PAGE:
Books by Mitch Weiss

Released: Feb. 18, 2020

"A compelling examination of a Christianist cabal whose crimes are evident but whose power seems, for the moment, unbreakable."
A fly-on-the-wall account of a religious cult and its discontents. Read full book review >
Released: Sept. 3, 2019

"Very old, very funny stories made evergreen thanks to the graphic format and inventive casting. (Graphic early reader. 6-8)"
Back for the fourth time, the pasta-headed duo keeps up the fun with their literal way of thinking. Read full book review >
Released: Sept. 4, 2018

"Fans won't want to miss the boat on this one. (Graphic early reader. 5-9)"
The macaroni noodle duo returns for their third adventure—fishing! Read full book review >
Released: March 15, 2017

"Two delightfully dense heroes bring folk tales into the 21st century, and young readers are all the richer for it. (Graphic early reader. 5-9)"
Two thickheaded macaroni noodles prove the old adage: a fool and his firewood are soon parted. Read full book review >
Released: March 15, 2016

" Endlessly wacky; fast-moving antics and incessant fretting that would make Chicken Little look mellow give this familiar topic a fresh feel. (Graphic early reader. 5-9) "
Anthropomorphic noodles worry and fret over a series of bedtimes and bad dreams. Read full book review >
Released: Jan. 6, 2015

"Beyond the political implications and entanglements, the story engrosses with its fast-paced, plainspoken narrative."
A nonfiction account of an unlikely American hero in revolutionary Cuba that succeeds as both a thriller and a love story. Read full book review >
Released: July 2, 2013

"A slam-bang military drama whose unambiguous worldview overshadows the larger questions raised by the facts at hand."
Much like "the day we got Bin Laden," the devil is in the details in this military procedural about one of the few wins of Cold War-era spycraft. Read full book review >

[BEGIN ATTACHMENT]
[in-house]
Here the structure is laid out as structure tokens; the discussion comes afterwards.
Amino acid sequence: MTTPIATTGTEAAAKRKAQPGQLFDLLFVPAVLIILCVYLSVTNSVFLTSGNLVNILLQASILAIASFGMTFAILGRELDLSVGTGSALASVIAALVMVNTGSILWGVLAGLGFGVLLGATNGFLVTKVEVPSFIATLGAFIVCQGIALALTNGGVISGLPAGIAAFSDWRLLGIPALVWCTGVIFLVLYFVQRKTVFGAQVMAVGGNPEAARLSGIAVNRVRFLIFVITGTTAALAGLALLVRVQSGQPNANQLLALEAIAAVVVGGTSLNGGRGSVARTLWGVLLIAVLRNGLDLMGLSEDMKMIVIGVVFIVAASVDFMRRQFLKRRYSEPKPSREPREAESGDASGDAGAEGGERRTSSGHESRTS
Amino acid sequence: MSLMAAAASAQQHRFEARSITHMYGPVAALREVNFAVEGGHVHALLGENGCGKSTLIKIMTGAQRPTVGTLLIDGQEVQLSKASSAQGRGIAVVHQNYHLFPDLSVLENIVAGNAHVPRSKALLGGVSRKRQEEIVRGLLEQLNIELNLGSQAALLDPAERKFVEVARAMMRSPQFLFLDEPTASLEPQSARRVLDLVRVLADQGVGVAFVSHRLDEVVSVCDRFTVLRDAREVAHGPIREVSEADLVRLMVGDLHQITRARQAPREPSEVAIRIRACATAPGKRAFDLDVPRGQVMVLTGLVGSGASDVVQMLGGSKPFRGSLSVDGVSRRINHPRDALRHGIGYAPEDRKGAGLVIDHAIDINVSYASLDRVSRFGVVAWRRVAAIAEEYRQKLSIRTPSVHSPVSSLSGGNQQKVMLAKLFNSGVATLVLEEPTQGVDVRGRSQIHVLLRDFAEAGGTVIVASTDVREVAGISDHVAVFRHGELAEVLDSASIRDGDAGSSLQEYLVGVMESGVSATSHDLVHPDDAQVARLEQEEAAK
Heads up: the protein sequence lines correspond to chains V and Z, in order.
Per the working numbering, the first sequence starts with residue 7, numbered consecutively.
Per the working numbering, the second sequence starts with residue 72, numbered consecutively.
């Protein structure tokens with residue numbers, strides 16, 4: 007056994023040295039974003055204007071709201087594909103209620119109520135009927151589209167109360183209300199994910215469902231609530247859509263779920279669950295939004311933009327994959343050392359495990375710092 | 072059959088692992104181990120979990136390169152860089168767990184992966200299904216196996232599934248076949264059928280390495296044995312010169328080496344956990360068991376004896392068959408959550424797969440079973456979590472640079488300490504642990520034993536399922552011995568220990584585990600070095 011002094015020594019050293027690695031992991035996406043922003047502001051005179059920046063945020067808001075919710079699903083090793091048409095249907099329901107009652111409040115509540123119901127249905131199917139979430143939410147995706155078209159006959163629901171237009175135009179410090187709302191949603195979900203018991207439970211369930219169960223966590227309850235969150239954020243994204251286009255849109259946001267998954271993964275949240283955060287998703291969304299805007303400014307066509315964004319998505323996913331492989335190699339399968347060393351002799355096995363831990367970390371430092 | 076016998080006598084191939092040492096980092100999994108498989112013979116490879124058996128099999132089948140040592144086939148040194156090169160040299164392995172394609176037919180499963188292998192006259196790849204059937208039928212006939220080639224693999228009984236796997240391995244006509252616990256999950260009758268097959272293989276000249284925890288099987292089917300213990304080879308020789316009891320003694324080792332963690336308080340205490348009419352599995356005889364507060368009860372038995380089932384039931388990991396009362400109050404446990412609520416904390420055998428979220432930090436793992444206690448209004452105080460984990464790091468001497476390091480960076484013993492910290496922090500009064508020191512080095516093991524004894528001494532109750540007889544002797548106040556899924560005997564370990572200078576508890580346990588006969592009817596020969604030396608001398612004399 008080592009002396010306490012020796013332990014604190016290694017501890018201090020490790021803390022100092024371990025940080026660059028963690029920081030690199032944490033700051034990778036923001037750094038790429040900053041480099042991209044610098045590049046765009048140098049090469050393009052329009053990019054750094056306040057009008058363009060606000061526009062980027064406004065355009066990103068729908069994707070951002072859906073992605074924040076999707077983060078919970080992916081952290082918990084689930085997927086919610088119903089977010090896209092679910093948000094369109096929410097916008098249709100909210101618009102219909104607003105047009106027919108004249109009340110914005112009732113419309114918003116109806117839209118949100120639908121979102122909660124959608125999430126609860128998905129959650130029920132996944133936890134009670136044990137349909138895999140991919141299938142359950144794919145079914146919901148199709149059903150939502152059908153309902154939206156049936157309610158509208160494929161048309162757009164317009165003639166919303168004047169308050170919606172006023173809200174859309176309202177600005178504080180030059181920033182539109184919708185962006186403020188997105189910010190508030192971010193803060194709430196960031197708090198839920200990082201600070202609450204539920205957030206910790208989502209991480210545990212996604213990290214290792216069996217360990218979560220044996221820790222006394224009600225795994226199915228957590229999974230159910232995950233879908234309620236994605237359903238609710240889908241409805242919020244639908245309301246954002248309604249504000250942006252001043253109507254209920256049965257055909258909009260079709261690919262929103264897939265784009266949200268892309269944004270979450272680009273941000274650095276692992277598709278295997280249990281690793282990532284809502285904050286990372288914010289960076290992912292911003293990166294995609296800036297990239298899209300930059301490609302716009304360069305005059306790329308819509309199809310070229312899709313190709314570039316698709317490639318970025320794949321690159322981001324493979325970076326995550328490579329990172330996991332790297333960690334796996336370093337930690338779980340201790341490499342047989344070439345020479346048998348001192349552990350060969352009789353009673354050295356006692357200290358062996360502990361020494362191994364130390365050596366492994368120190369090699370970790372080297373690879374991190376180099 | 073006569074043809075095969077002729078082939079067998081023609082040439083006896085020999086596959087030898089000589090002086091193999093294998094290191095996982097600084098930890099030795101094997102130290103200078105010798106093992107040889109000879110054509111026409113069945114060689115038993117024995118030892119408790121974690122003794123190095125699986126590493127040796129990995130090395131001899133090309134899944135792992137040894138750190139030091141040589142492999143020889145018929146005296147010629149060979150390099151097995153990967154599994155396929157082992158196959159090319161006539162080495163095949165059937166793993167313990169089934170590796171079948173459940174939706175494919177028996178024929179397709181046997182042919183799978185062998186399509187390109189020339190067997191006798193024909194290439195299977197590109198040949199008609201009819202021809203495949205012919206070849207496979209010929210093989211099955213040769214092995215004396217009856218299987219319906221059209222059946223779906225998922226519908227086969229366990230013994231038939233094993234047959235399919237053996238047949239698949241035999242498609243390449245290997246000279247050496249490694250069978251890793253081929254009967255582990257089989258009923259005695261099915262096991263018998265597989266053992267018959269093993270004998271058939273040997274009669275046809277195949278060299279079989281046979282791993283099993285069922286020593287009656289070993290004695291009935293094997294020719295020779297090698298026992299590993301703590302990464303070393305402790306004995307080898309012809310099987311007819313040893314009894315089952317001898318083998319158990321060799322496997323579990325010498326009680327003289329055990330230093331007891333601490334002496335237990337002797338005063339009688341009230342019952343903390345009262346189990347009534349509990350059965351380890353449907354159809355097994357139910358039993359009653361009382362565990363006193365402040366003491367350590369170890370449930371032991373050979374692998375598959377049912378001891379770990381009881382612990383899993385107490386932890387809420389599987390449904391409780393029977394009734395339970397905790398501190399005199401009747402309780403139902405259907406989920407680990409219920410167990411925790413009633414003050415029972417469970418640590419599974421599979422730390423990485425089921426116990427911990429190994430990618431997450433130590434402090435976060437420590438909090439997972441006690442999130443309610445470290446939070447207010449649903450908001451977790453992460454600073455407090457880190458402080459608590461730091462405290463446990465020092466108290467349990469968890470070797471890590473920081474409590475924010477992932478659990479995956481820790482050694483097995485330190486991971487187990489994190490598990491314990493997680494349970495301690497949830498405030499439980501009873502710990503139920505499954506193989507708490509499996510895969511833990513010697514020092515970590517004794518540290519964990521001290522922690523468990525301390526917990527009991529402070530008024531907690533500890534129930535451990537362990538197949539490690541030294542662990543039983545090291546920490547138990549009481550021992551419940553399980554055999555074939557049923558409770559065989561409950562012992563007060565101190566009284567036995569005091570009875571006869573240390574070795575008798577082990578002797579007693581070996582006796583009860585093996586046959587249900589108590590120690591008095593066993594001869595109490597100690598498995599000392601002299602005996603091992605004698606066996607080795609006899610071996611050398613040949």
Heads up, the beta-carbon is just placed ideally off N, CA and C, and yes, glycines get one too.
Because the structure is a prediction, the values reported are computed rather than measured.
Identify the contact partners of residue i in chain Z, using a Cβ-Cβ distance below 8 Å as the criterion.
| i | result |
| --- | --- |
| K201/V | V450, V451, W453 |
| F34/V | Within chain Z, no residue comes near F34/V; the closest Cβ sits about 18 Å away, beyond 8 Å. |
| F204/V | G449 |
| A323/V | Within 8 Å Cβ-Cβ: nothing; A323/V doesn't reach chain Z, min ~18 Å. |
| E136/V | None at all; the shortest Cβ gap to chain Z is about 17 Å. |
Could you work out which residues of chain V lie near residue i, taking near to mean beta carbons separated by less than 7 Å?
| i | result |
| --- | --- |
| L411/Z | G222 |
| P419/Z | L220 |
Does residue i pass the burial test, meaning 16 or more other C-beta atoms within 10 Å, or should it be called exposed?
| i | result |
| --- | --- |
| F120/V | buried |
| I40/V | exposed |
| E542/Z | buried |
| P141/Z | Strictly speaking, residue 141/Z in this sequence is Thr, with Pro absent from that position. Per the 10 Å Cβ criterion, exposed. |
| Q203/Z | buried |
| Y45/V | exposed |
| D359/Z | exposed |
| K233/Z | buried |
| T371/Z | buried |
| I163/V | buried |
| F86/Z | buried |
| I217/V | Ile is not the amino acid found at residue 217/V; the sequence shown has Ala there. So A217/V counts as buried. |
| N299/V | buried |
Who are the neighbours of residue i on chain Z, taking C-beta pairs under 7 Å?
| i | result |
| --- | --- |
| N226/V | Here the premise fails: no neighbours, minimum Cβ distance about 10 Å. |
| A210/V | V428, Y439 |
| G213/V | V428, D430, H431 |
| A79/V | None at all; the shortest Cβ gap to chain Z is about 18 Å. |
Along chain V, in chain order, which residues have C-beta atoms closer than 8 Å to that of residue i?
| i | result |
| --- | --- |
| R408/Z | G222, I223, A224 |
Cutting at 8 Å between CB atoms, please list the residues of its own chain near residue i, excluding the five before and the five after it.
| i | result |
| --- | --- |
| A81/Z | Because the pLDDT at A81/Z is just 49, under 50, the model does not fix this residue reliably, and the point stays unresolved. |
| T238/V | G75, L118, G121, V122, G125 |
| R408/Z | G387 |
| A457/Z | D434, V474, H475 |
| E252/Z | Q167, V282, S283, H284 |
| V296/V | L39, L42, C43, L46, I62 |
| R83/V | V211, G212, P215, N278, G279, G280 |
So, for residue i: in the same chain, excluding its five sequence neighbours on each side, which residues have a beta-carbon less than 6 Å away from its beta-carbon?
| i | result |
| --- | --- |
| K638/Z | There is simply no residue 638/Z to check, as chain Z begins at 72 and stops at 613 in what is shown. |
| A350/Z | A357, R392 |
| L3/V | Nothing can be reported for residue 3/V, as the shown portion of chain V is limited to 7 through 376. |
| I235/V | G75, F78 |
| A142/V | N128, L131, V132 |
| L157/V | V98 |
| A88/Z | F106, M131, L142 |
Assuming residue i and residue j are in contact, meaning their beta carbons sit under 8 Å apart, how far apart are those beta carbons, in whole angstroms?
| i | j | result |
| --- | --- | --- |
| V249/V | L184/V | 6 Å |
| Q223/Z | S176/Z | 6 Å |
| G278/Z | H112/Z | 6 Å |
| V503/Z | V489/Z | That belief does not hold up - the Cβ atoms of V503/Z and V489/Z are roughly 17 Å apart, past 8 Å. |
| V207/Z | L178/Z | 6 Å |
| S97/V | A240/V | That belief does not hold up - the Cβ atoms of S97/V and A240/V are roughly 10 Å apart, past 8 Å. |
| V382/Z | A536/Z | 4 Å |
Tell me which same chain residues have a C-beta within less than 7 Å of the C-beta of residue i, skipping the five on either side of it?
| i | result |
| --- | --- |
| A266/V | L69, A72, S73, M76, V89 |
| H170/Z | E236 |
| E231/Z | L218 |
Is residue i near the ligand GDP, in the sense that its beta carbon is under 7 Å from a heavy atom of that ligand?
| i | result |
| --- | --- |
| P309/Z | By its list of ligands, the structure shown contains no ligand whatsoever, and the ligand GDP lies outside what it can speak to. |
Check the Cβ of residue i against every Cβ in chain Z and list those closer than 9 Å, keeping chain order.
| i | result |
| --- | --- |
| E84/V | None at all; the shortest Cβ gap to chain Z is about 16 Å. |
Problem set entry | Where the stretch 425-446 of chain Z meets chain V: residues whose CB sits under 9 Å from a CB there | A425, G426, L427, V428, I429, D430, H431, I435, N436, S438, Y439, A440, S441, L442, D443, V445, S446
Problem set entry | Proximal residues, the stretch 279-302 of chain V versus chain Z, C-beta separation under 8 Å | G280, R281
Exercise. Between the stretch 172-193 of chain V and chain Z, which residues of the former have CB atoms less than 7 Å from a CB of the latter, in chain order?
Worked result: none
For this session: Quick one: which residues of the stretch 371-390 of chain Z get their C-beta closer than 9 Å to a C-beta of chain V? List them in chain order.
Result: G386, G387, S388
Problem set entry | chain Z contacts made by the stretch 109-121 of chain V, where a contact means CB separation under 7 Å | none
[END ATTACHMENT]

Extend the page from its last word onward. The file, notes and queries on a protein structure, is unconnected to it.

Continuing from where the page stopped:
THE GHOST CATCHER by Martha Hamilton
Released: May 1, 2008

A Bengali barber loves stories so much he refuses payment when he hears one. His wife worries about their family's welfare and sends him away until he can ensure that they won't starve. Upon leaving, the barber immediately meets a hungry ghost. The quick-thinking barber threatens to trap him in his mirror, whereupon the ghost, aghast, agrees to gather money for the barber and to build a shed and fill it with rice. Unfortunately, the ghost's uncle sees his nephew at work and vows to teach the barber a thing or two about respect. If the barber is to save himself, he will have to use his wits and his haircutting tools to come up another plan right away. Balouch's bright, memorable illustrations create a fanciful Indian setting with crisp, colorful figures digitally placed on a fabric background for texture. Teamed with spirited and eminently tellable prose, they conjure up a colorful, magical land where cleverness can save the day. (author's note) (Picture book/folklore. 4-8) Read full book review >
PRICELESS GIFTS by Martha Hamilton
Released: May 1, 2007